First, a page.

The United States Government is in the process of rolling out two far-reaching procurement changes aimed at securing the federal supply chain: a new set of supplier cybersecurity requirements known as the Cyber Maturity Model Certification (CMMC) and restrictions on the use of products made by Huawei and others as required by Section 889(a)(1)(B) of the 2019 National Defense Authorization Act (NDAA).
Individually, each of these initiatives will have a substantial impact on federal purchasing. Together, they are the largest change in federal procurement practices in many years and have implications well beyond the direct provision of products and services to the U.S. Government.
What do these changes entail and who is affected?
CMMC, based on NIST cybersecurity standards, is a program to establish foundational cybersecurity requirements for members of the Department of Defense (DoD) industrial base. Section 889 applies to the entire federal government and aims to minimize network infiltration or intellectual property loss due to the use of certain high-risk technologies from covered entities (companies), including Huawei and ZTE. A bumpy and uncoordinated rollout of these rules is magnifying their impact on both industry and government.
But, if you provide products or services to the U.S. Government, or to other companies that in turn provide such products or services, you need to comply. That is immediately true for Section 889. The implementing rule went into effect on August 13 of this year, although some agencies have waivers through September 30. It covers government procurements almost without exception, and requires any company selling to the government to represent that they are not using products from the “covered entities” (Huawei, ZTE and several smaller video equipment manufacturers) and are not aware of the use of those products in their own supply chains.
At the same time, DoD is working through the much more complex implementation of CMMC.1 Timing and other details of this program are evolving and it is unclear why DoD chose to entrust oversight of a complex new certification regime to an unfunded group of volunteers. Nevertheless, all companies in the Defense Industrial Base (DIB) will need a third-party auditor-provided cybersecurity certification within the next five years. The level of certification depends on the type of information handled, and the plan is for this requirement to be gradually introduced, but it will apply to all prime and subordinate suppliers in the DIB.
Where do we go from here?
The broad reach of both these procurement rules into the supply chain has significant implications. You don’t need to be directly selling to the government to be affected; both apply to all companies regardless of where they land in the federal supply chain.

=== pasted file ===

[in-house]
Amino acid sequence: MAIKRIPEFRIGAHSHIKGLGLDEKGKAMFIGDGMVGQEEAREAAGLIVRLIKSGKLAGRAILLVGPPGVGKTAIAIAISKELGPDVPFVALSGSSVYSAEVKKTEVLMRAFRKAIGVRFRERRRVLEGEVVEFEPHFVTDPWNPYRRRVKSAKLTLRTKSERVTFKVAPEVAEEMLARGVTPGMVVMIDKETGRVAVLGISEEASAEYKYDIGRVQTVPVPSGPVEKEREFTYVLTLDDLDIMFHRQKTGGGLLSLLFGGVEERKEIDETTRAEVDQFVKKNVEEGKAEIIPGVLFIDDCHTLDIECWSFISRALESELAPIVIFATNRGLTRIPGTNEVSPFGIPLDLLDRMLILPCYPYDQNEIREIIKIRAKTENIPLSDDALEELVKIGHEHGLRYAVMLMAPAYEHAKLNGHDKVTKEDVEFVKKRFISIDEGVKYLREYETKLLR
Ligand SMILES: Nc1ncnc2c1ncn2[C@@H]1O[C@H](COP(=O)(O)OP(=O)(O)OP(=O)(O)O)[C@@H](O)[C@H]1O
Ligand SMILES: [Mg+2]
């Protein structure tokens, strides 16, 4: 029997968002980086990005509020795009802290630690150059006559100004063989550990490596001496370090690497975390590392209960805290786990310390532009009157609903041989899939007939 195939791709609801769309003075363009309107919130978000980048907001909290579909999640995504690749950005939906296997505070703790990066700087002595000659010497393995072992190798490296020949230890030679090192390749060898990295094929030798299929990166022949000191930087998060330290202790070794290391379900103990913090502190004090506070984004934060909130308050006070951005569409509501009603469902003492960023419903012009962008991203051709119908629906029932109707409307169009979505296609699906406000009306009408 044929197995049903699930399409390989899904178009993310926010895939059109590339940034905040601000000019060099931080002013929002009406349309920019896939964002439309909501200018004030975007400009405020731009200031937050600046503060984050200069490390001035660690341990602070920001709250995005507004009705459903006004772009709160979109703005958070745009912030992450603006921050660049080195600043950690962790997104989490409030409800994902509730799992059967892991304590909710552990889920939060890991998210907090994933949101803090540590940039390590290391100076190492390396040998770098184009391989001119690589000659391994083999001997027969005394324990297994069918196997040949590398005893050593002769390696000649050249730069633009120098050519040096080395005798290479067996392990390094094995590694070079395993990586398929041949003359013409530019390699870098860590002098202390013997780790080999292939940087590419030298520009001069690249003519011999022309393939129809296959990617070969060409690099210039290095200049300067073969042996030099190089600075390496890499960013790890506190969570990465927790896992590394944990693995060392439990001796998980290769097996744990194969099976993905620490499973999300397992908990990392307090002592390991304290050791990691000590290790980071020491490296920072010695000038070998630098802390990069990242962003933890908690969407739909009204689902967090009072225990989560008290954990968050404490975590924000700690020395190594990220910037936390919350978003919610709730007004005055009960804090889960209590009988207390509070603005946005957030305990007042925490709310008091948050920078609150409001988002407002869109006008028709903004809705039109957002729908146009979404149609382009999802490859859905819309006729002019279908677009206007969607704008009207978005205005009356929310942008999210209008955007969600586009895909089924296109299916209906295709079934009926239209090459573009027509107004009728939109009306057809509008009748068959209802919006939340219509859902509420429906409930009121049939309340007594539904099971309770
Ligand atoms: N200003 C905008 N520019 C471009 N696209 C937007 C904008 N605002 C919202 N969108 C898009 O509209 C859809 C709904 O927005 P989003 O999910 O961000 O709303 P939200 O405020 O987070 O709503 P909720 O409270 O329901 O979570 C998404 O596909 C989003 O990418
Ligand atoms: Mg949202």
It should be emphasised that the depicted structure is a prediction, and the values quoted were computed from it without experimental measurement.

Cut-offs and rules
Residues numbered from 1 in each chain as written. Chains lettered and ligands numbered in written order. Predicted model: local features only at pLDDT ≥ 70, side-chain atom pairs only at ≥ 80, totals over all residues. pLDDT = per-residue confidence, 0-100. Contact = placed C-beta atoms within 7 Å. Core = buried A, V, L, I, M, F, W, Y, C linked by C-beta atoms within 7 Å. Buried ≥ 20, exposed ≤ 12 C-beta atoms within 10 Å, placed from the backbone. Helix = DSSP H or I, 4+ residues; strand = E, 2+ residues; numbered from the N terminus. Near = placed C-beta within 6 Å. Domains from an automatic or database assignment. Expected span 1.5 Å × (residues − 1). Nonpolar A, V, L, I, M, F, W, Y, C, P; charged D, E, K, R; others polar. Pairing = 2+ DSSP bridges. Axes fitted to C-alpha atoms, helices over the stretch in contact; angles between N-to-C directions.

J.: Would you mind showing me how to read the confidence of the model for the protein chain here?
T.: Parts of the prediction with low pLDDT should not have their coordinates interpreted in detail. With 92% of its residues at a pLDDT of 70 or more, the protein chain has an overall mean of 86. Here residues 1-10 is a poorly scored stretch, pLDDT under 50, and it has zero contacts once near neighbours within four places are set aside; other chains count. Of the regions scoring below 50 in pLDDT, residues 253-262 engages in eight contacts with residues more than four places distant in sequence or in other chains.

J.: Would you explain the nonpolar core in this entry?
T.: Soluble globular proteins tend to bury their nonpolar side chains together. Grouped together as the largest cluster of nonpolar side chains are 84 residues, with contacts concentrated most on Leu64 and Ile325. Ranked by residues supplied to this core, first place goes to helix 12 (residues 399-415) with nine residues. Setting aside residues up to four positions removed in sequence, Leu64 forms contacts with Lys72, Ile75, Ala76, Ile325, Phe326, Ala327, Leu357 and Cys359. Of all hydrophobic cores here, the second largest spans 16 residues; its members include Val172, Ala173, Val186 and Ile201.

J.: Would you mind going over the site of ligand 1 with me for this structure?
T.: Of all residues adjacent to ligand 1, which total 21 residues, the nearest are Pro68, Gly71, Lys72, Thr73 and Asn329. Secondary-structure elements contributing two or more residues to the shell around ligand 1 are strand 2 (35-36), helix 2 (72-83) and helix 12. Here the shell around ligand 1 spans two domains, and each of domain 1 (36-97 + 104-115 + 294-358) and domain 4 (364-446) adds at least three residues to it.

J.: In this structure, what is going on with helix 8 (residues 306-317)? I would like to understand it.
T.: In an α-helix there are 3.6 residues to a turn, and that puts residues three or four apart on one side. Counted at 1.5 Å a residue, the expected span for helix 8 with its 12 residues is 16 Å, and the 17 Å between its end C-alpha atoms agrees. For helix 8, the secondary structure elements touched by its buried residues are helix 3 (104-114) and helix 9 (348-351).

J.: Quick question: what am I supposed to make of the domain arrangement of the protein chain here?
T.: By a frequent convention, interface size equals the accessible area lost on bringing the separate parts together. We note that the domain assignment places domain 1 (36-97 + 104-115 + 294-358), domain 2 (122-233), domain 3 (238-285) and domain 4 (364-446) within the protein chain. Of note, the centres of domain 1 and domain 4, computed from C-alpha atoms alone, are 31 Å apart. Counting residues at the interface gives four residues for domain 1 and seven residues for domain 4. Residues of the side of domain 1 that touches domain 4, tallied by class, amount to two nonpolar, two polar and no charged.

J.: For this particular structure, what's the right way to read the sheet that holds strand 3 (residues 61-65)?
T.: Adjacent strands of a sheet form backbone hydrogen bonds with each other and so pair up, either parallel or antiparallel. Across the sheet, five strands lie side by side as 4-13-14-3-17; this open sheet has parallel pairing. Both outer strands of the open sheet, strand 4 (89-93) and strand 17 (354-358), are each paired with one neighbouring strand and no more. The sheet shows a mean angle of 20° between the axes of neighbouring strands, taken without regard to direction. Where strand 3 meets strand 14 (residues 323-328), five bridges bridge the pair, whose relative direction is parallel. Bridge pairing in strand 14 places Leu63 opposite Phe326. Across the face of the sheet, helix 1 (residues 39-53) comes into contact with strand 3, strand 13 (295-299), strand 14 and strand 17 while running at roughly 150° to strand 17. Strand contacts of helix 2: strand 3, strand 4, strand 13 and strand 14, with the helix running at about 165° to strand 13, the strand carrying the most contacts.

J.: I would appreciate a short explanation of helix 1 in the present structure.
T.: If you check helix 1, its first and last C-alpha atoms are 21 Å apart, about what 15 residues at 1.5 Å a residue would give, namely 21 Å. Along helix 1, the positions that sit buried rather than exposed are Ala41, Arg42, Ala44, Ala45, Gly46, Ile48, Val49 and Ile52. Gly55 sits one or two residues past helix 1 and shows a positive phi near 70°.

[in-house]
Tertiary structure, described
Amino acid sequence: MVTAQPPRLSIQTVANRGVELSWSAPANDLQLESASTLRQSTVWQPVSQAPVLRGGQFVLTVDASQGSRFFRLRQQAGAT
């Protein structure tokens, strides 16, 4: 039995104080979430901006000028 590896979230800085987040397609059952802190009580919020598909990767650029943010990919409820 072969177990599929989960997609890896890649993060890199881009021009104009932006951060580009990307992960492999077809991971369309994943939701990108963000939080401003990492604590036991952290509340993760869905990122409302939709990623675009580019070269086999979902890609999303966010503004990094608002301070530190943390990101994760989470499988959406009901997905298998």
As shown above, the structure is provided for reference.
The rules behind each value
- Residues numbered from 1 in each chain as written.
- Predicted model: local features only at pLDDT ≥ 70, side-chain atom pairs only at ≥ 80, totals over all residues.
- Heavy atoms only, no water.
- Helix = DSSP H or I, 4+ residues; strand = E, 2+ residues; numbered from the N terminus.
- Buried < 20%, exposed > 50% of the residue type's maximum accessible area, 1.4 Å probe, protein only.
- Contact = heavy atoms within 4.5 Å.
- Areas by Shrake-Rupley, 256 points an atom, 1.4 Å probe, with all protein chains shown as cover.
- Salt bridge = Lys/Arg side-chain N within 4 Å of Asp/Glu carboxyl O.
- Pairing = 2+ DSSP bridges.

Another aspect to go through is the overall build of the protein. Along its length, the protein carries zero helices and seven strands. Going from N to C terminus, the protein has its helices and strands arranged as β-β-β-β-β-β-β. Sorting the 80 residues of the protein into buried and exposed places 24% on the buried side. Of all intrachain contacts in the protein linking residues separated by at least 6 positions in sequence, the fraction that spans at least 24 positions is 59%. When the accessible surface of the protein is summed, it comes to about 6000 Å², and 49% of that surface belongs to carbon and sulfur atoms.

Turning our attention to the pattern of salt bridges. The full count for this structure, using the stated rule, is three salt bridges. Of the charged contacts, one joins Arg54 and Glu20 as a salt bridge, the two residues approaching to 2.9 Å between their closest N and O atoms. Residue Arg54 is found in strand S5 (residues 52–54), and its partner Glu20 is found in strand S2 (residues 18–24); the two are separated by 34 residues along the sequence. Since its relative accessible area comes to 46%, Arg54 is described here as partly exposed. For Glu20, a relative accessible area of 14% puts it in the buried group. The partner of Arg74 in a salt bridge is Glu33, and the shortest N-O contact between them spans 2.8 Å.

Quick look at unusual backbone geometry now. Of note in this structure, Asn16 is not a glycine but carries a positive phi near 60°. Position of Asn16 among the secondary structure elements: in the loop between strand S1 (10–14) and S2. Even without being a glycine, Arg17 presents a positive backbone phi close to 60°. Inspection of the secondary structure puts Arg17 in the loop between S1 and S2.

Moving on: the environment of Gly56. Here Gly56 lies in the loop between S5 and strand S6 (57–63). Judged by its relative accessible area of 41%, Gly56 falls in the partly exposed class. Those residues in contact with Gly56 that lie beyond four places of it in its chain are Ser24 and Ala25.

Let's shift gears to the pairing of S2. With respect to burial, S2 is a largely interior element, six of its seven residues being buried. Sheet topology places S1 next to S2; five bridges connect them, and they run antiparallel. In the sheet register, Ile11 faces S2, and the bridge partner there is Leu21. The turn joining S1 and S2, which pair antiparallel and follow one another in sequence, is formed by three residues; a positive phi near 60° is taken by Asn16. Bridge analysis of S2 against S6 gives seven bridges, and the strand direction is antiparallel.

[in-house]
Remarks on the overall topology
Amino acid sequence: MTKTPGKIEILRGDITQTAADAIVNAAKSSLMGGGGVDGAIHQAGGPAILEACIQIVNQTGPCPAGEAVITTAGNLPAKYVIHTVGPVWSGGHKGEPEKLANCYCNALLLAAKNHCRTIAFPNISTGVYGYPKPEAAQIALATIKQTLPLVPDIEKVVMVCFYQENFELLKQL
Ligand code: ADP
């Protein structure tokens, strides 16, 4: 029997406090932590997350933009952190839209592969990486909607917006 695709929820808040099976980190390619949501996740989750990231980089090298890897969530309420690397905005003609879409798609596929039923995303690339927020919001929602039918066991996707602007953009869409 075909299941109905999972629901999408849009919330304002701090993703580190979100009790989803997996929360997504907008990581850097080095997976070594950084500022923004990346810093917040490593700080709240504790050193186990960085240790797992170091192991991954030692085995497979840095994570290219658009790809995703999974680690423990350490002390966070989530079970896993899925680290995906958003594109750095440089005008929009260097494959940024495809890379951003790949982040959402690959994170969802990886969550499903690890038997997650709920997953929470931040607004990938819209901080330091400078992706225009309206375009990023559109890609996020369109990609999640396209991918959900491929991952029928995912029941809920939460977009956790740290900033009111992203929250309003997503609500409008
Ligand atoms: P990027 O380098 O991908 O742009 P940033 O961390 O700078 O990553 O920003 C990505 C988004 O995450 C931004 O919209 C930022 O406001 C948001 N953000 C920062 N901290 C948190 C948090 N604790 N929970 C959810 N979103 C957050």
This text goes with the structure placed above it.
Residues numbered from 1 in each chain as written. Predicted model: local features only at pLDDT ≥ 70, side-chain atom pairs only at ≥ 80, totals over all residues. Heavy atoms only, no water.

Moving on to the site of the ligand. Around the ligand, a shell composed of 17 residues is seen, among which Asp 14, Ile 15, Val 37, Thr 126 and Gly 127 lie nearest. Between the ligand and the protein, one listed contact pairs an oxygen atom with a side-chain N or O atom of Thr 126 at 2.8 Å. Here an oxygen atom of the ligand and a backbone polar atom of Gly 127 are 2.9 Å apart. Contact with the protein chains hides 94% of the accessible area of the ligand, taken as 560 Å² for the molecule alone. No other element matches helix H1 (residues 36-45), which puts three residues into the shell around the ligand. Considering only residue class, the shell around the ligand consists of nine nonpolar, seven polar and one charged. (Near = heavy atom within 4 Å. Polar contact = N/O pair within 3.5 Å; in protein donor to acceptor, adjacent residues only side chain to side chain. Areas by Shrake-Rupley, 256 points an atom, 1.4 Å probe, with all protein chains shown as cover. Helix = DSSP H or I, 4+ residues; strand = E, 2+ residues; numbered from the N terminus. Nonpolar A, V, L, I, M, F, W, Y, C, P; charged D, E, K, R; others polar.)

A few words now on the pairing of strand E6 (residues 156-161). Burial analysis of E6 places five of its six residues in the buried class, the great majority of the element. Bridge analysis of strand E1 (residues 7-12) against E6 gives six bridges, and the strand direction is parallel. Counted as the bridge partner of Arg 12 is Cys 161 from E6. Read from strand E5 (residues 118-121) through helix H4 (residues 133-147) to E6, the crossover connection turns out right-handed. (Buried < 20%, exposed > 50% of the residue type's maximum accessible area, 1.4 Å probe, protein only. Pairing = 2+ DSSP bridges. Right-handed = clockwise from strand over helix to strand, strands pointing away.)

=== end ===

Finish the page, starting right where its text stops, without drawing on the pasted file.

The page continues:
There is a notable likelihood similar provisions will be contemplated at the state and local level. DoD is actively trying to establish CMMC as a broader regulatory standard, both inside and outside the U.S. Government. It is probable that evolving supply chain or cybersecurity threats will cause further expansion of certification requirements.
Companies looking to comply with these rules by passing audits or attesting to security practices of their U.S. Government operations will only end up hamstrung—it will be too inefficient to bifurcate their operations, so they will either adopt these regulations as de facto standards across the board or they will decide that the cost is too high and withdraw from markets altogether. That is a tough choice in a likely future where commercial customers will also expect companies to maintain robust supplier and cybersecurity practices.
Companies need to be confronting this reality today: how and to whom you will demonstrate cyber and supply chain security on a continuous and ongoing basis needs to be a fundamental component of operations. If you’re not doing this already, you need to start preparing now.
Advice for policymakers
Finally, if you are a policymaker contemplating supply chain and cyber risk, you should be thinking about total risk. How can the government share enough information with industry broadly, so that industry can make a full and fair assessment of the risk and the cost of alternatives?
Policymakers must also pay close attention to the mass confusion caused by the current rules and consider the effect these policies will have on long-term U.S. competitiveness. The cost of compliance is large and will inevitably mean slowing down innovation and access to new products and services for the U.S. Government.
These are clearly hard problems and there is a critical need to make progress in addressing them. That progress is best made through public/private cooperation, including open dialogue and sharing of information, and clear and consistent policies that seek to advance U.S. and western technological strengths.